The NLWM insisted it had no wish or thought of superseding the Labour Party, but, instead, it sought to advance the generally held aspirations of Labour’s leftwing militants. In this it was considerably boosted by the newly established Sunday Worker. Despite being initiated, funded and edited by the CPGB, the Sunday Worker served as the authoritative voice of the NLWM. At its height it achieved a circulation of 100,000. The NLWM’s 1925 founding conference had nearly 100 Labour Party organisations sending delegates.
Following the defeat of the 1926 General Strike, the Labour apparatus and trade union bureaucracy wanted the movement to draw the conclusion that the only way to make progress would be through cooperating with the capitalist class in the national interest – Mondism. As a direct concomitant of this miserable class-collaborationism there was a renewed drive to exclude communists. Yet, despite these assaults on the Labour Party’s founding principles, at the end of 1926 the CPGB could report that 1,544 of its 7,900 members were still individual members of the Labour Party.
The struggle proved particularly sharp in London. In the capital city around half of the CPGB’s membership were active in their CLPs. And despite claiming that it was the communists who were “splitting the movement”, the labour leadership palpably strove to do just that. Battersea CLP was disaffiliated because it dared to back Saklatvala and refused to bar CPGB members. Similar measures were taken against Bethnal Green CLP, where the communist ex-mayor, Joe Vaughan, was held in particularly high regard.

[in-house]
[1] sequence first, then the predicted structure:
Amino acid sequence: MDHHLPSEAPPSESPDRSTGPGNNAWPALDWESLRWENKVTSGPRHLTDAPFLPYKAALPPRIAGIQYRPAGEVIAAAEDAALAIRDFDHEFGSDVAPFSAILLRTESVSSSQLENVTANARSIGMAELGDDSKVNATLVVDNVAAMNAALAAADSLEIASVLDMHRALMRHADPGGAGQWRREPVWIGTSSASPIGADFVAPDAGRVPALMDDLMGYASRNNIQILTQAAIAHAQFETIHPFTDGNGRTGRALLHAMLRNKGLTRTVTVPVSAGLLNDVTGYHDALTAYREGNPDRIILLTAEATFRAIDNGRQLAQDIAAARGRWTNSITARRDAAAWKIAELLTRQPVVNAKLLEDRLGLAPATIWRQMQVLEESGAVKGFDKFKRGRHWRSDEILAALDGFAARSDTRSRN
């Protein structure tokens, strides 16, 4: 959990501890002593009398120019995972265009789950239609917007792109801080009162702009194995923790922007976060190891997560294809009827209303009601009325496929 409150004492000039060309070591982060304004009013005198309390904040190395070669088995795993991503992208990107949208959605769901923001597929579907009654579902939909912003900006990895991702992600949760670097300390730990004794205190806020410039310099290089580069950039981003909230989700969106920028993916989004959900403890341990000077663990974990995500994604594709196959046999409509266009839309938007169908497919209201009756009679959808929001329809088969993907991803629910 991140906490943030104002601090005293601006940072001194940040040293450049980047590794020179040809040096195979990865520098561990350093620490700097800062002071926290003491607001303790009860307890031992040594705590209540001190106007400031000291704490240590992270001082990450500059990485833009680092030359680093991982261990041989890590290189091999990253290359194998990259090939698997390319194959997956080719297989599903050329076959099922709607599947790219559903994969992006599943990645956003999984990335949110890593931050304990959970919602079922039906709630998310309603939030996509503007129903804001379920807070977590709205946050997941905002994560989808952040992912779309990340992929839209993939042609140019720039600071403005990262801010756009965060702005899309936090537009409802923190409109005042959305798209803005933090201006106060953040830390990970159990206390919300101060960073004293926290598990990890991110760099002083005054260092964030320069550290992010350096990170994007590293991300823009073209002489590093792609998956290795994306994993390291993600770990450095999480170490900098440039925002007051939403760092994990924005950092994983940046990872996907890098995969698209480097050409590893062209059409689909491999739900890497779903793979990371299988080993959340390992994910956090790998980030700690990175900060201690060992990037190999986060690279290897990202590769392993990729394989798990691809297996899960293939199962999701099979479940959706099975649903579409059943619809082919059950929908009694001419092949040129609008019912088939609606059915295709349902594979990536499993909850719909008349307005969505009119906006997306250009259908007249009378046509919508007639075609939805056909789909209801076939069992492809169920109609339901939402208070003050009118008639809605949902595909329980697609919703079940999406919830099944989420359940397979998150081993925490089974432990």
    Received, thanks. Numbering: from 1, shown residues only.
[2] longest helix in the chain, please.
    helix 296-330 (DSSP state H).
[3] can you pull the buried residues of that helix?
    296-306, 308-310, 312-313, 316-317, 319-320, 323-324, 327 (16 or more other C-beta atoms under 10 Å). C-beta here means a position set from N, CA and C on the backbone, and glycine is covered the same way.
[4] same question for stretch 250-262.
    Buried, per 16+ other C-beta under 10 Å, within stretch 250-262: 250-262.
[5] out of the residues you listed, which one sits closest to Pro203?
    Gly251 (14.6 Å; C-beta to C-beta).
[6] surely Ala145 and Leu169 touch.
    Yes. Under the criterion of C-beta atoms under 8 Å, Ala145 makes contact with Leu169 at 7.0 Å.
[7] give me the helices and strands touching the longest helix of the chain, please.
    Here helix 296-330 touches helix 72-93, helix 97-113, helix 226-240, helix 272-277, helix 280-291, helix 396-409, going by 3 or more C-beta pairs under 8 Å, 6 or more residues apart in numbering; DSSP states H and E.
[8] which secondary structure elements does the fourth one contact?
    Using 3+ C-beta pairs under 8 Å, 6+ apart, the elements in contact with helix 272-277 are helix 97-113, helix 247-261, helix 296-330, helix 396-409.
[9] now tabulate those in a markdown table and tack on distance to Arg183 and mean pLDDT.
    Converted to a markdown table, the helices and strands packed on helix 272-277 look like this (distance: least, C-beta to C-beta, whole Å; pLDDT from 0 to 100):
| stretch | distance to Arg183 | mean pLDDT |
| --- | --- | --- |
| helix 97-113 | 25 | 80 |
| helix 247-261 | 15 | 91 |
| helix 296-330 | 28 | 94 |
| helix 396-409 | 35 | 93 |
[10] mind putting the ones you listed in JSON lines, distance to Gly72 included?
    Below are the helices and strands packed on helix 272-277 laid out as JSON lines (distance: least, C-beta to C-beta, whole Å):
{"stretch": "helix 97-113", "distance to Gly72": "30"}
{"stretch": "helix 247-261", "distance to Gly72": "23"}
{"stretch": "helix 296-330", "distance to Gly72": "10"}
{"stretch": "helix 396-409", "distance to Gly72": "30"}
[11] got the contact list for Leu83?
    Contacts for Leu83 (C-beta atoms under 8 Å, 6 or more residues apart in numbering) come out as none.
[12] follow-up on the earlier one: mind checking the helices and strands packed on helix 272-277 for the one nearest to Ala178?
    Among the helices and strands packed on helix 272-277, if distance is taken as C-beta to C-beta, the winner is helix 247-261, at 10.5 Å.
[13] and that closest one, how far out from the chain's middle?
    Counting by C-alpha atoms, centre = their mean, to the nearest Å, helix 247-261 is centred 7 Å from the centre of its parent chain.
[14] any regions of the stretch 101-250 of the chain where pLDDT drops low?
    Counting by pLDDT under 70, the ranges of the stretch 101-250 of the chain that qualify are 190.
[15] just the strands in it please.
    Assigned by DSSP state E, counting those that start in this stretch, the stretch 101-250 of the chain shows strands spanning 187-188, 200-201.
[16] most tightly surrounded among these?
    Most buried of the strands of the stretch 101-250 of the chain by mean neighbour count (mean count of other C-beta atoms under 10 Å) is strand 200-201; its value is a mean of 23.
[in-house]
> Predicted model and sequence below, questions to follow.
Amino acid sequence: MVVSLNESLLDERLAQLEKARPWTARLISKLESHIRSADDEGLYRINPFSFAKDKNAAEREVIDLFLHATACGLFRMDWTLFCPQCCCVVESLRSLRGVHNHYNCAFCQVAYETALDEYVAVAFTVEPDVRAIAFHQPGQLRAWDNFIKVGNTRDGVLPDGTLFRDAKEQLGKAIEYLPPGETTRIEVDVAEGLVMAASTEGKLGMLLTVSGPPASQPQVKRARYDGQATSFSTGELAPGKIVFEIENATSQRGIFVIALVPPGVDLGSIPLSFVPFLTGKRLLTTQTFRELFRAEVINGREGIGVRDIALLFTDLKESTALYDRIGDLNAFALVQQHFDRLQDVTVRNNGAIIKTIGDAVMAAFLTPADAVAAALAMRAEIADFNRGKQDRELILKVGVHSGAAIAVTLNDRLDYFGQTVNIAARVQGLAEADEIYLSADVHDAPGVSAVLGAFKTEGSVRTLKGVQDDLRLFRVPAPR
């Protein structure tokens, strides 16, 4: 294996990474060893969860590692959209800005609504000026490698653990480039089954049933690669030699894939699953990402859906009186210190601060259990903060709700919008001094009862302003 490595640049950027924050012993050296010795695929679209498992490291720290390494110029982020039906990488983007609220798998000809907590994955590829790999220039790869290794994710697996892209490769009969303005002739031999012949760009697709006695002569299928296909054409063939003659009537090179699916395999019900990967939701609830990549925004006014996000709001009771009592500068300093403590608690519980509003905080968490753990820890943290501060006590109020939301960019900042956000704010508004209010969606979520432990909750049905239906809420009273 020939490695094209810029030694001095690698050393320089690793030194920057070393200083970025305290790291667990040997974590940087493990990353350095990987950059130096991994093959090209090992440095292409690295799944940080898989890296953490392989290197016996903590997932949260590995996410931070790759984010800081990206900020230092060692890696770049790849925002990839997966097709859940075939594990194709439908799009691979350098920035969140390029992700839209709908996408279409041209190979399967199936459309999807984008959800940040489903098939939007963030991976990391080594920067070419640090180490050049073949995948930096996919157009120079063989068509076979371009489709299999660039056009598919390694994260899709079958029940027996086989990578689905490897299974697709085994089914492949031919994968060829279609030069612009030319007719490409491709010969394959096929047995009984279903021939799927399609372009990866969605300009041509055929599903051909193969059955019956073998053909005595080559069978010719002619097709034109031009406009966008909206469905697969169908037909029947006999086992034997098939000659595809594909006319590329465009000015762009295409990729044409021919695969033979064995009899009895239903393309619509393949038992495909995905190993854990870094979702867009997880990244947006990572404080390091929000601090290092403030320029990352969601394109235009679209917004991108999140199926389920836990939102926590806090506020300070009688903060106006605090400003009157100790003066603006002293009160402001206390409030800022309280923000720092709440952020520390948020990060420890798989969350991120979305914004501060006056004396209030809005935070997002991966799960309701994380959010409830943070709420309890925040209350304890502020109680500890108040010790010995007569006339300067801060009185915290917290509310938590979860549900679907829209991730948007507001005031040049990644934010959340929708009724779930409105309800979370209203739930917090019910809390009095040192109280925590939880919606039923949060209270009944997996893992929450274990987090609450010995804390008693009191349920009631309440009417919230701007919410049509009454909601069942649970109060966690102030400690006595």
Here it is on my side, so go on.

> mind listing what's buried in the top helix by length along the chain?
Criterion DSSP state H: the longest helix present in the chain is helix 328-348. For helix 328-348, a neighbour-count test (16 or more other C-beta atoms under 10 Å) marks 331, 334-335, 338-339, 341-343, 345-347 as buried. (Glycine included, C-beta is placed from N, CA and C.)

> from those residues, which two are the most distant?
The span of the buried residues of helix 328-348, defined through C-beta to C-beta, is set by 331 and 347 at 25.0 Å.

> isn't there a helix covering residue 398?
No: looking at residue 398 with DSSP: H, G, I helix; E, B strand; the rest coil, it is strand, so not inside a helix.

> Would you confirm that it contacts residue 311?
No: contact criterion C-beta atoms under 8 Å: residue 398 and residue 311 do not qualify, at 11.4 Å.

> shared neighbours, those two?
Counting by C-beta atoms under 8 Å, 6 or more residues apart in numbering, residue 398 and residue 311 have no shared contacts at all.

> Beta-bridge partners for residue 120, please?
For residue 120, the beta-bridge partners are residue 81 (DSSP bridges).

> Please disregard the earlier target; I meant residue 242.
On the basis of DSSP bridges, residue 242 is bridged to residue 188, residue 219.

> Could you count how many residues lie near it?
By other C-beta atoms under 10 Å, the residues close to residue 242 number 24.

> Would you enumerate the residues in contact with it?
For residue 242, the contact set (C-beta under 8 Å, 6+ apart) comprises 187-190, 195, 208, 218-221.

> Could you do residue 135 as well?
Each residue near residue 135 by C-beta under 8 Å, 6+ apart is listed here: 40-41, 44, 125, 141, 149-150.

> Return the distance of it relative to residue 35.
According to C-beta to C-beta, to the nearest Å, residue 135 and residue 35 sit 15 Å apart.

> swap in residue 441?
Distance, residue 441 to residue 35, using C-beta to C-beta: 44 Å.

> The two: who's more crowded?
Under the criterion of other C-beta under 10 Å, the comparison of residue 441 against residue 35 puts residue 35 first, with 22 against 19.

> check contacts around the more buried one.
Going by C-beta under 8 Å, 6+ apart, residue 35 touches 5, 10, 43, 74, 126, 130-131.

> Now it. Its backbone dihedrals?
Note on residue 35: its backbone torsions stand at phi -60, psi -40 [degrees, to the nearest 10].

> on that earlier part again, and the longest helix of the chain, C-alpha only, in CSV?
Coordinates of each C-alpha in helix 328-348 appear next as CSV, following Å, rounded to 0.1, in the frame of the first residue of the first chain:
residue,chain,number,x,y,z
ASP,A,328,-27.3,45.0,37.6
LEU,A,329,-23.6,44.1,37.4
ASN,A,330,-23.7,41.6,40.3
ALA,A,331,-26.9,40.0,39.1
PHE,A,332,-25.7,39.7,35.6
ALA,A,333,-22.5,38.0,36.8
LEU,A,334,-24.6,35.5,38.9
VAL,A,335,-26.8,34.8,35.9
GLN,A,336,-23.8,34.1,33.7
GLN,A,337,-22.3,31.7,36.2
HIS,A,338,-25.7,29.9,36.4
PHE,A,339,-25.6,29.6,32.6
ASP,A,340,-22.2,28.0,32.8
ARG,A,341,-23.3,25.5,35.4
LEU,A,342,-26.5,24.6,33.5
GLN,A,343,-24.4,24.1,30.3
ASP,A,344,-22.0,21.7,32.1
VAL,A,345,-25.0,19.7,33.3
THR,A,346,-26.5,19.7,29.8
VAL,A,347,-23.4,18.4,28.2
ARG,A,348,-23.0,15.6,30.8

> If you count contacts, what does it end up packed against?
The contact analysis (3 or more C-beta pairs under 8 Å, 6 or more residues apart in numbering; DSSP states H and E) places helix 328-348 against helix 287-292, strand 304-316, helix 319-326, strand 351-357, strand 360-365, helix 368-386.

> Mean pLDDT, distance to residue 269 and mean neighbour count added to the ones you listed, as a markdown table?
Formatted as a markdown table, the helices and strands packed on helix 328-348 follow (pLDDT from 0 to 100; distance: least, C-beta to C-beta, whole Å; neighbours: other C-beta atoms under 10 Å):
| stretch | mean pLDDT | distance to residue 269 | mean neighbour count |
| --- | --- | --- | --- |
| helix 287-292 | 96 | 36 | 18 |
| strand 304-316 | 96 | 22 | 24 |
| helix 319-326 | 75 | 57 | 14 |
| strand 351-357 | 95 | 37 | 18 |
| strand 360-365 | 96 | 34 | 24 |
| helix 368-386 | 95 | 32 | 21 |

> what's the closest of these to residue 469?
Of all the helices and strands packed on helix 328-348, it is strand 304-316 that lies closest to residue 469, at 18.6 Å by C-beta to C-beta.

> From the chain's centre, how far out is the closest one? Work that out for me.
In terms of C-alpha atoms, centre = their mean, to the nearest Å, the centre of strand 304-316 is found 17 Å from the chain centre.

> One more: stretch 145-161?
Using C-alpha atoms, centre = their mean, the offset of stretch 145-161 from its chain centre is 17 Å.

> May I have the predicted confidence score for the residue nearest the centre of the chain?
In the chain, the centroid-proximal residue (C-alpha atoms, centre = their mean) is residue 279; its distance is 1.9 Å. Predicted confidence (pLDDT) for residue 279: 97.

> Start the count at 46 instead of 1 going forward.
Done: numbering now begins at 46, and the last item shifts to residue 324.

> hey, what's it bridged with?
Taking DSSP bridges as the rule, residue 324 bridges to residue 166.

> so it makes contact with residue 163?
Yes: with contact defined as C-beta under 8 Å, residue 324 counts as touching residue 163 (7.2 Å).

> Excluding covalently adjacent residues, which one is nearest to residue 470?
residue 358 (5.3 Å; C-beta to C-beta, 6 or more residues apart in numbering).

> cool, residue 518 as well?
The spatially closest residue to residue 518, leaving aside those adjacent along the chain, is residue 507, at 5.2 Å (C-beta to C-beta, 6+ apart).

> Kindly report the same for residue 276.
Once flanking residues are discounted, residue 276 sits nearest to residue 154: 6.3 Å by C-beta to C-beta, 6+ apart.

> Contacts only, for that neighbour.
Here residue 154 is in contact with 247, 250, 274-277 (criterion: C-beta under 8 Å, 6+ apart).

Yet the Labour leadership’s campaign of disaffiliation and expulsion remorselessly ground on. The NLWM therefore found itself considerably weakened in terms of official Labour Party structures. Hence at its second annual conference in 1927 there were delegates from only 54 local Labour Parties and other Labour groups (representing a total of 150,000 individual party members). Militant union leaders, such as the miners’ AJ Cook, supported the conference.
However, external factors came into play – negatively. With the counterrevolution within the revolution in the Soviet Union, the CPGB was, in many ways willingly, reduced to being a slave of Stalin’s foreign policy. The CPGB’s attitude towards the Labour Party correspondingly wildly zigged and zagged. During the so-called ‘third period’ leaders such as Harry Pollitt and Rajani Palme Dutt denounced the Labour Party as nothing but “a third capitalist party” (shades of Peter Taaffe and Hannah Sell and their Socialist Party in England and Wales).